The approach just outlined can even be extended to the point that the only registers 9 assigned to each Fourier coefficient Ei, Fi are those for which the cosine or sine, as applicable, assumes the maximum absolute value. In this case it is possible to determine the Fourier coefficients Ei, Fi exclusively by the formation of sums and differences of the values saved in the assigned registers 9.

As can be seen from FIGS. 11 and 12, the offset correction values x0, y0 are determined from the Fourier coefficients E1, F1 for the basic frequency component of the supplementary signal rcc. The amplitude correction value m and the phase correction value Δ are determined from the Fourier coefficients E2, F2 for the first harmonic component in the supplementary signal rcc. Because, for small error variables x0, y0, m, Δ the following applies to a very good approximation
E0=a  (73)
E 1 =x 0+(a/2)c 2−(a/2)d 2  (74)
F 1 =y 0+(a/2)c 2+(a/2)d 2  (75)
E 2=−(a/2)m  (76)
F 2=−(a/2)Δ  (77)

Under the realistic assumption that the correction values c2, d2 vanish or are negligibly small relative to the offsets x0, y0, these equations thus give uniquely the base correction values (i.e. the offset, amplitude and phase correction values) x0, y0, m and Δ.

On the other hand, for higher-frequency waves in the measuring signals x, y, the assignment of the Fourier coefficients Ei, Fi to the correction values cq, dq are ambiguous. Because for n=0, 1, 2, . . . it is approximately true that
E 3+4n=(a/2)(c 2+4n +d 2+4n +c 4+4n +d 4+4n)  (78)
F 3+4n=(a/2)(−c 2+4n +d 2+4n −c 4+4n +d 4+4n)  (79)
E 4+4n =a(c 3+4n +c 5+4n)  (80)
F 4+4n =a(d 3+4n +d 5+4n)  (81)
E 5+4n=(a/2)(c 4+4n −d 4+4n +c 6+4n −d 6+4n)  (82)
F 5+4n=(a/2)(c 4+4n +d 4+4n +c 6+4n +d 6+4n)  (83)

These ambiguities can be resolved in various ways.

Namely, the above system of equations has been derived using first partial derivatives. It is therefore possible, for example, to take into account also higher order derivatives, and thus to arrive at further ratios between the Fourier coefficients Ei, Fi on the one hand, and the correction values cq, dq on the other hand. The ambiguity could possibly be eliminated in this way. However, this approach requires a very high computational effort. Also, the resulting system of equations is generally no longer analytically soluble, but only numerically.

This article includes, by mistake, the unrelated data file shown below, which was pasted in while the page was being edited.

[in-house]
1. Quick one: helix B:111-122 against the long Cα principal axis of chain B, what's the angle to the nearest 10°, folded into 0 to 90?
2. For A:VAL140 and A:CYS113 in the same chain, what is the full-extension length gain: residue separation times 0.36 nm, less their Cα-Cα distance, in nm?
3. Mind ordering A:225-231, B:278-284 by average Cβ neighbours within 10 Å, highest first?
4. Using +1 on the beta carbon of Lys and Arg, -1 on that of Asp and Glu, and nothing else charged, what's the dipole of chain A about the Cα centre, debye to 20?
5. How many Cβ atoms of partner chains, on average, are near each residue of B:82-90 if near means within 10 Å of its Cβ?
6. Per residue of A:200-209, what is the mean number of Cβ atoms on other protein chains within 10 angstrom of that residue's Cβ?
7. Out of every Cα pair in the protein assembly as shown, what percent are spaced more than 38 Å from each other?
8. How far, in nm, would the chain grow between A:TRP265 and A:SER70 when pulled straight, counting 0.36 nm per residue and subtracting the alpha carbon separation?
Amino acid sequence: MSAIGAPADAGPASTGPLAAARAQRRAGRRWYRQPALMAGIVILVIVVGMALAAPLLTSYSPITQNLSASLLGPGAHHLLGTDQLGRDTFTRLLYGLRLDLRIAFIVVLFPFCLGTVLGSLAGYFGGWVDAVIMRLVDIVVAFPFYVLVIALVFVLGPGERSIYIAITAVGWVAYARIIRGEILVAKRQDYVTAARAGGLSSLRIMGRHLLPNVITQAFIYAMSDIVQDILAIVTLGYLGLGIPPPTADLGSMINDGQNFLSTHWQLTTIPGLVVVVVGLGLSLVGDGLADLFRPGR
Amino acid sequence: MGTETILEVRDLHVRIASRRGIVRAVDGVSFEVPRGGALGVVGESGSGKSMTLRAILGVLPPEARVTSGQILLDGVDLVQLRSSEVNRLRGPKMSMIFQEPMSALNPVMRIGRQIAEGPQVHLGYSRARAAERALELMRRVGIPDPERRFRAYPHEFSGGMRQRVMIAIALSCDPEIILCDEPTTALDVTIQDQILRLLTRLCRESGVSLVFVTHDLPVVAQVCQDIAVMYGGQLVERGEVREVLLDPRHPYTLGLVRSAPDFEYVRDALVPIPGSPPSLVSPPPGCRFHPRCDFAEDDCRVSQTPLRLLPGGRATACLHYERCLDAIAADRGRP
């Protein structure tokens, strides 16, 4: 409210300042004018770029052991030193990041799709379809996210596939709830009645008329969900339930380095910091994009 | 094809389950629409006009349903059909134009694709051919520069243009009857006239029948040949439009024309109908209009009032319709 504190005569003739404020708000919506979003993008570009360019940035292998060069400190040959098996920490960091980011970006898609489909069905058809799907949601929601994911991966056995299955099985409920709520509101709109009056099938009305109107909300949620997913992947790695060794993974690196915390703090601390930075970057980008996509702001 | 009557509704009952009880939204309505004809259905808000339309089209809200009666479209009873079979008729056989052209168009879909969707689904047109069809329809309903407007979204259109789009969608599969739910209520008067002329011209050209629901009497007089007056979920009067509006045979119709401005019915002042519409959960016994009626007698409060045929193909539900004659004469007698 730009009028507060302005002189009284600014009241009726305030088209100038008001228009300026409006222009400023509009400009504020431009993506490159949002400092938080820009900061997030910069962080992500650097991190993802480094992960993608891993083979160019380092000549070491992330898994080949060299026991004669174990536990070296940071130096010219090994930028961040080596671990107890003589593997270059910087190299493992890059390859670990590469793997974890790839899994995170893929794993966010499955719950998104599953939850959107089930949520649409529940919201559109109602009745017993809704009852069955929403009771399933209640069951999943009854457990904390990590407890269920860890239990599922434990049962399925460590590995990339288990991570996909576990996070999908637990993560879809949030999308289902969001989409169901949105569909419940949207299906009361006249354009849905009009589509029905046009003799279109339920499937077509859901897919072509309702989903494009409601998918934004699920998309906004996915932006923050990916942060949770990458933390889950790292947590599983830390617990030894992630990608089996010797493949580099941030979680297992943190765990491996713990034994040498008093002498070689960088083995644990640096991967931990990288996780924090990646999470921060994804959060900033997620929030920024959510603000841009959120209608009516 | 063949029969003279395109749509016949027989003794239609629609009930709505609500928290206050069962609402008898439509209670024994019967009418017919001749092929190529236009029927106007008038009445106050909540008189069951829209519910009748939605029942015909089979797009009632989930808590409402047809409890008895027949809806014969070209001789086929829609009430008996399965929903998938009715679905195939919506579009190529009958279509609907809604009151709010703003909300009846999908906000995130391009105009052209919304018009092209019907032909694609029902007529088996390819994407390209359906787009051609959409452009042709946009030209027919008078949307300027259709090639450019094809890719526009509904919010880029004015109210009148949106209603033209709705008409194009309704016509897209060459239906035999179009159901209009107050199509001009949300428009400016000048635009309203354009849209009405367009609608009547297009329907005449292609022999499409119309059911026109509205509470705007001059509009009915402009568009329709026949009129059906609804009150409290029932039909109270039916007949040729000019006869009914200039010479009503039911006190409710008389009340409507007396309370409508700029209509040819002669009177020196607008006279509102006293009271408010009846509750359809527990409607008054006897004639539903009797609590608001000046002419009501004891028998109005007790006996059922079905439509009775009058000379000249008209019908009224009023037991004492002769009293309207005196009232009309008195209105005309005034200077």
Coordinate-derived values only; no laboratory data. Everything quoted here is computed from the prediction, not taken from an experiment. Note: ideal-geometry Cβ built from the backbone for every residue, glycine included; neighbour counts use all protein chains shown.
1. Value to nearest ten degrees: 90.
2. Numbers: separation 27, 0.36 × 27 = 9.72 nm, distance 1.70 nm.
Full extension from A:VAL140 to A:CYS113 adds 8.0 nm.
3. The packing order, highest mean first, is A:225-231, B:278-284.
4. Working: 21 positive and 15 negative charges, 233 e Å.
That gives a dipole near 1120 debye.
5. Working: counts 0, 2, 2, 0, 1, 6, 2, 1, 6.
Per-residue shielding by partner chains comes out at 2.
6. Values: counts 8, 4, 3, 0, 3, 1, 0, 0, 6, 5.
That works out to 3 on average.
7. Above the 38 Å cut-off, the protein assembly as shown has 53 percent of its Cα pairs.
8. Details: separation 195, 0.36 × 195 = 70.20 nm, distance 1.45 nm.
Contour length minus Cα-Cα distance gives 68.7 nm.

In practice, however, one can often make simplifying assumptions, on the basis of which the assignment of the Fourier coefficients Ei, Fi to the correction values cq, dq becomes unambiguous.

A first possible assumption is that in the measuring signals x, y the higher-frequency waves which arise are essentially only those with a frequency which is an odd number multiple of the basic frequency fG. The result of this assumption, which is most cases is perfectly applicable, is that only equations 80 and 81 must be solved. So, it is only necessary to determine the correction values cq, dq for the at least one higher-frequency waves, in the measuring signals x, y, the frequency of which is an odd integral multiple of the basic frequency fG of the corrected signals xcc, ycc.

It can also be assumed without major error that the only relevant higher-frequency waves in the measuring signal x,y are those with a frequency of three, and possibly also five times the basic frequency fG of the corrected signals xcc, ycc. It is therefore sufficient to solve equations 80 and 81 for n=0, and thus to determine the correction values c3, d3, c5, d5. For this purpose there are two alternative possibilities, which are shown in FIGS. 11 and 12.

On the one hand it can be assumed—see FIG. 11—that the correction values c5, d5 have a predetermined ratio to the correction values c3, d3. For example, it is assumed that the correction values c3 and c5 are in the ratio 3:1, that is the correction value c3 is always three times as large as the correction value c5. Other (even negative) ratios are however also conceivable. With this assumption, the correction values c3 and c5 can be determined uniquely from equation 80. For the correction values d3 and d5, either the same assumption can be made or a different one.

Alternatively it can also be assumed—so to speak as a special case of this approach—that the harmonic wave with a frequency five times that of the basic frequency fG of the corrected signals xcc, ycc vanishes, that is the correction values c5 and d5 have a value of zero. In this case it is only necessary to determine the correction values c3, d3 for those higher-frequency waves in the measuring signals x, y with a frequency which is three times the basic frequency fG. Then in this case, for example, c3=E4/E0. This approach is shown in FIG. 12.

Depending on the situation, it can indeed be logical in an individual case to assume that both the correction values d3 and d5 and also the correction value c5 vanish, i.e. have a value of zero.

Using the Fourier coefficients Ei, Fi it is then possible to adjust the correction values x0, y0, m, Δ, cq, dq. For example, in the case where correction values c3, d3 are determined only for the third harmonic, the following adjustment rules can be executed:
a:=a+αE 0  (84)
x 0 :=x 0 +αE 1  (85)
y 0 :=y 0 +αF 1  (86)
m:=m−2αE 2 /E 0  (87)
Δ:=Δ−2αF 2 /E 0  (88)
c 3 :=c 3 +αE 4 /E 0  (89)
d 3 :=d 3 +αF 4 /E 0  (90)

Here, the factor α is a positive number which is less than one. It is preferably the same for all the adjusted values a, x0, y0, m, Δ, c3, d3. However, it can also be defined separately for each individual value which is adjusted, a, x0, y0, m, Δ, c3, d3.